THE BEAST THAT CROUCHES AT THE DOOR is an extended meditation on what it means to be human and the nature of desire. The primordial Snake, in the Biblical account, stands upright, reasons, and speaks. In what sense, then, was he not human? The key lies in his question to Chava, usually translated, “Did God really say that you may not eat from any of the trees of the Garden?” Fohrman, following Rabbi Shamshon Raphael Hirsch, however, offers a more literal translation: “Even if God said do not eat from any of the trees of the Garden, . . . [so what]?

The Snake argued that the same God who commanded Adam and Chava not to eat also imbued them with their desires and instincts, and that the latter are a no less authentic voice of God. And so it is for animals – they really do “listen” to God by following their instincts. Only humans hear God’s Word and are commanded to take their desires and fashion them into something more than unbridled instinct.

The Snake’s argument will be familiar to anyone acquainted with the works of Princeton ethicist Peter Singer. The view of man as nothing but a more sophisticated, pleasure-seeking animal has entered the zeitgeist.

The key clue buttressing Fohrman’s interpretation of the Snake’s argument is an anomaly in the Biblical text. The Snake’s dialogue with Chava follows a seeming digression describing Adam’s naming of all the animals and attempts to find a partner among them. Chronologically that section should have preceded the creation of Chava.

It is interjected out of order, Fohrman argues, to provide the motivation for the Snake’s efforts to convince Chava to eat of the Tree. The Snake wanted to reclaim Chava for the animal kingdom that Adam had rejected. In the words of our Sages, he wanted to kill Adam and marry Chava.

In a subtle analysis of Chava’s misstatement the Divine commandment with respect to eating from the Tree, Rabbi Fohrman explicates the various ways desire gains the upper hand: by overstating the importance of the object of desire – Chava moves the Tree to the “center” of the Garden; by minimizing the significance of what is permitted – Chava omits Hashem’s permission to eat of “all” the other trees; by overstating the extent of what is prohibited – Chava adds a prohibition on “touching” the tree; and by trivializing the consequences of giving into desire – Chava does not mention that the death will become an immediate and inevitable reality on the very day of eating.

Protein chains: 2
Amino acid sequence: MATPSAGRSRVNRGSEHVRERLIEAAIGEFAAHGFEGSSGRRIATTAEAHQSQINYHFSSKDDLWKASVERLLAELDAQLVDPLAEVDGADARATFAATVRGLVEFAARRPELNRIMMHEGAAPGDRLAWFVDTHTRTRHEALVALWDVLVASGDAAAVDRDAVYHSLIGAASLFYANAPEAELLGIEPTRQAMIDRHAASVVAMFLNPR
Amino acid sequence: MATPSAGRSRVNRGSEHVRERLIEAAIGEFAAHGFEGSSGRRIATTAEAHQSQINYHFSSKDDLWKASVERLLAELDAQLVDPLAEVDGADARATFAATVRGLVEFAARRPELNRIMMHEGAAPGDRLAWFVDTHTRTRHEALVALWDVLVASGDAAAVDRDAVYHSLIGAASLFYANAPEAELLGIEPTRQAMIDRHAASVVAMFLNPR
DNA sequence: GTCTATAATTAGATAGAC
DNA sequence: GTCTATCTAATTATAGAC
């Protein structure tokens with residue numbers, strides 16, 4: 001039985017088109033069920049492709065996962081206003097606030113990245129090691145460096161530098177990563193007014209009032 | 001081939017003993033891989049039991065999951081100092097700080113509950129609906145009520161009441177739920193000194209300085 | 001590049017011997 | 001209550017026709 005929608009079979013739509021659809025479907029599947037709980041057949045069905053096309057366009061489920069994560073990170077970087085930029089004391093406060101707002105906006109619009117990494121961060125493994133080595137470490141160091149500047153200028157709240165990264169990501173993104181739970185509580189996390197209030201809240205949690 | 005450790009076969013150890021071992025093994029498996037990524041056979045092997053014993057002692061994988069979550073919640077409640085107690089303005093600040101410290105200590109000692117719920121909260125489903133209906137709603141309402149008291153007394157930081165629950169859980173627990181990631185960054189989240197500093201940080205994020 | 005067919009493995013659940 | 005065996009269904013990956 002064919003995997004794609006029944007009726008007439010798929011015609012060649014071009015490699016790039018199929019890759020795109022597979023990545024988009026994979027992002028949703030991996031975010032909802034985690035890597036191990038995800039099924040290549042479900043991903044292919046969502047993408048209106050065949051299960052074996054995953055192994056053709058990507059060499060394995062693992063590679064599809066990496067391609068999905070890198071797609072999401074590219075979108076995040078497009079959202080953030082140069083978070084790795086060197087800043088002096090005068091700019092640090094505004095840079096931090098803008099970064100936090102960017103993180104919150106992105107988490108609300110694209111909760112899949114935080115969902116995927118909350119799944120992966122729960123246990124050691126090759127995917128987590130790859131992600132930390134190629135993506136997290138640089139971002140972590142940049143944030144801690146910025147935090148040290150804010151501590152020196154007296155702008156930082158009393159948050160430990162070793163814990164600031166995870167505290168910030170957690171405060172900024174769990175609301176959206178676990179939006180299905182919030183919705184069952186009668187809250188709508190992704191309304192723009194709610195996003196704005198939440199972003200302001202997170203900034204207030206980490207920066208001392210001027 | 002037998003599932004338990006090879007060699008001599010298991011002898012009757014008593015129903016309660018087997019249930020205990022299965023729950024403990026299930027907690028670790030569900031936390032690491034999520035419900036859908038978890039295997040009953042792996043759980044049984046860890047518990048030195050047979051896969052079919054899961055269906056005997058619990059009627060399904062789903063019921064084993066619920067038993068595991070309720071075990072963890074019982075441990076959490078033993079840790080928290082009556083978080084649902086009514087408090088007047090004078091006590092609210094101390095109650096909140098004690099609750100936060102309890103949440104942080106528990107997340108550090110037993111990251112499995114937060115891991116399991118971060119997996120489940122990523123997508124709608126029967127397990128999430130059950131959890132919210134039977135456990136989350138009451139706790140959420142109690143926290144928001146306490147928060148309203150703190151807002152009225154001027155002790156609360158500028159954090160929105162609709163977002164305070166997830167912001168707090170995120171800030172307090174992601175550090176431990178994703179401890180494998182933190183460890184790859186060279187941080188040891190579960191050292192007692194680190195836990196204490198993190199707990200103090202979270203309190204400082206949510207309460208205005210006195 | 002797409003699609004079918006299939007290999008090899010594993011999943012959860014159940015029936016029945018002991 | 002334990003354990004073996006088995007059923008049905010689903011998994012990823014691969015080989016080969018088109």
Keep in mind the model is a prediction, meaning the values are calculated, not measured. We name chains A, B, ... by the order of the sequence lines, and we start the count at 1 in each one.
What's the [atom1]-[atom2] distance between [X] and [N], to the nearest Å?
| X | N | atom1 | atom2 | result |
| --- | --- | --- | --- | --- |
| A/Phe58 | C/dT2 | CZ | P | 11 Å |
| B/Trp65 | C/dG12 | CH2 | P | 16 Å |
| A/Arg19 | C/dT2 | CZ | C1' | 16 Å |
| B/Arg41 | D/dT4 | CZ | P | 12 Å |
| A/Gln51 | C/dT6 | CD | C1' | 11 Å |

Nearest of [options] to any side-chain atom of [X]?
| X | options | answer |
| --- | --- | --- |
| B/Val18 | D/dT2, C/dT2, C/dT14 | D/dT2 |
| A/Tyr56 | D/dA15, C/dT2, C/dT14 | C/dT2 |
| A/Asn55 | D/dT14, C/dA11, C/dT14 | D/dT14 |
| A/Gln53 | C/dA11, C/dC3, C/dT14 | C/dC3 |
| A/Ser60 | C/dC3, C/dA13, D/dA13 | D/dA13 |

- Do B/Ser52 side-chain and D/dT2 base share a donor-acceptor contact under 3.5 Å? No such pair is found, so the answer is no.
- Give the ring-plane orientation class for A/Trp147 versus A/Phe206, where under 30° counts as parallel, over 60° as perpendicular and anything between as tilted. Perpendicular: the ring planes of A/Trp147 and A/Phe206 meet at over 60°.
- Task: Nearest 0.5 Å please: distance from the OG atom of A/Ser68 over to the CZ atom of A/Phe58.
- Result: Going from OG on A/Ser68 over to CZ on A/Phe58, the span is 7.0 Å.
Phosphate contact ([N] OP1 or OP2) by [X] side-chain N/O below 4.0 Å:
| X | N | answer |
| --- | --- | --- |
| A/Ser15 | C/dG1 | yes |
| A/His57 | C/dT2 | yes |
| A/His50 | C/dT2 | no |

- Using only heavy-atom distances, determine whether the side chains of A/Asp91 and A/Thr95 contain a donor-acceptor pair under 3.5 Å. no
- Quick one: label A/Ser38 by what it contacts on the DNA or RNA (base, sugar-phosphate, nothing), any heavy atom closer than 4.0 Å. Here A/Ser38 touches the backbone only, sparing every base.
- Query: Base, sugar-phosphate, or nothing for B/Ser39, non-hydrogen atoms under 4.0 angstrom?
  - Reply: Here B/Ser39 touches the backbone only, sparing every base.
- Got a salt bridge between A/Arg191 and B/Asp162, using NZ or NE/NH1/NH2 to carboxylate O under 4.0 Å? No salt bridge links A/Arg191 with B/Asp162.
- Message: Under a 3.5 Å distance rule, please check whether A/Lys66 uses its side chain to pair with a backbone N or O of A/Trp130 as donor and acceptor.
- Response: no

Adam and Chava’s eating of the forbidden fruit, and the diminution in the distinction between human and animal that follows, led directly to Kayin’s murder of Hevel. The Biblical text emphasizes the thematic connection. The consequences of Kayin’s act parallel the punishment of Adam, only in an intensified form. Adam hides from God; Kayin senses he will spend the rest of his life hiding from Hashem. Adam is exiled from the Garden: Kayin proclaims that he will be a wanderer all his days. Adam is cursed that he will henceforth bring forth food from the ground by the sweat of his brow; Kayin is told that the land will not give of its strength to him at all.

Kayin senses his descent further towards the animal kingdom. He is afraid that all who find him will kill him, and the greatest of the Biblical exegetes, Rashi, explains that his fear is specifically of the wild beasts, for the animals natural awe of a human being has now been lost. Our Sages tell us that Kayin was killed by his seventh generation descendant Lemech after being mistaken for an animal.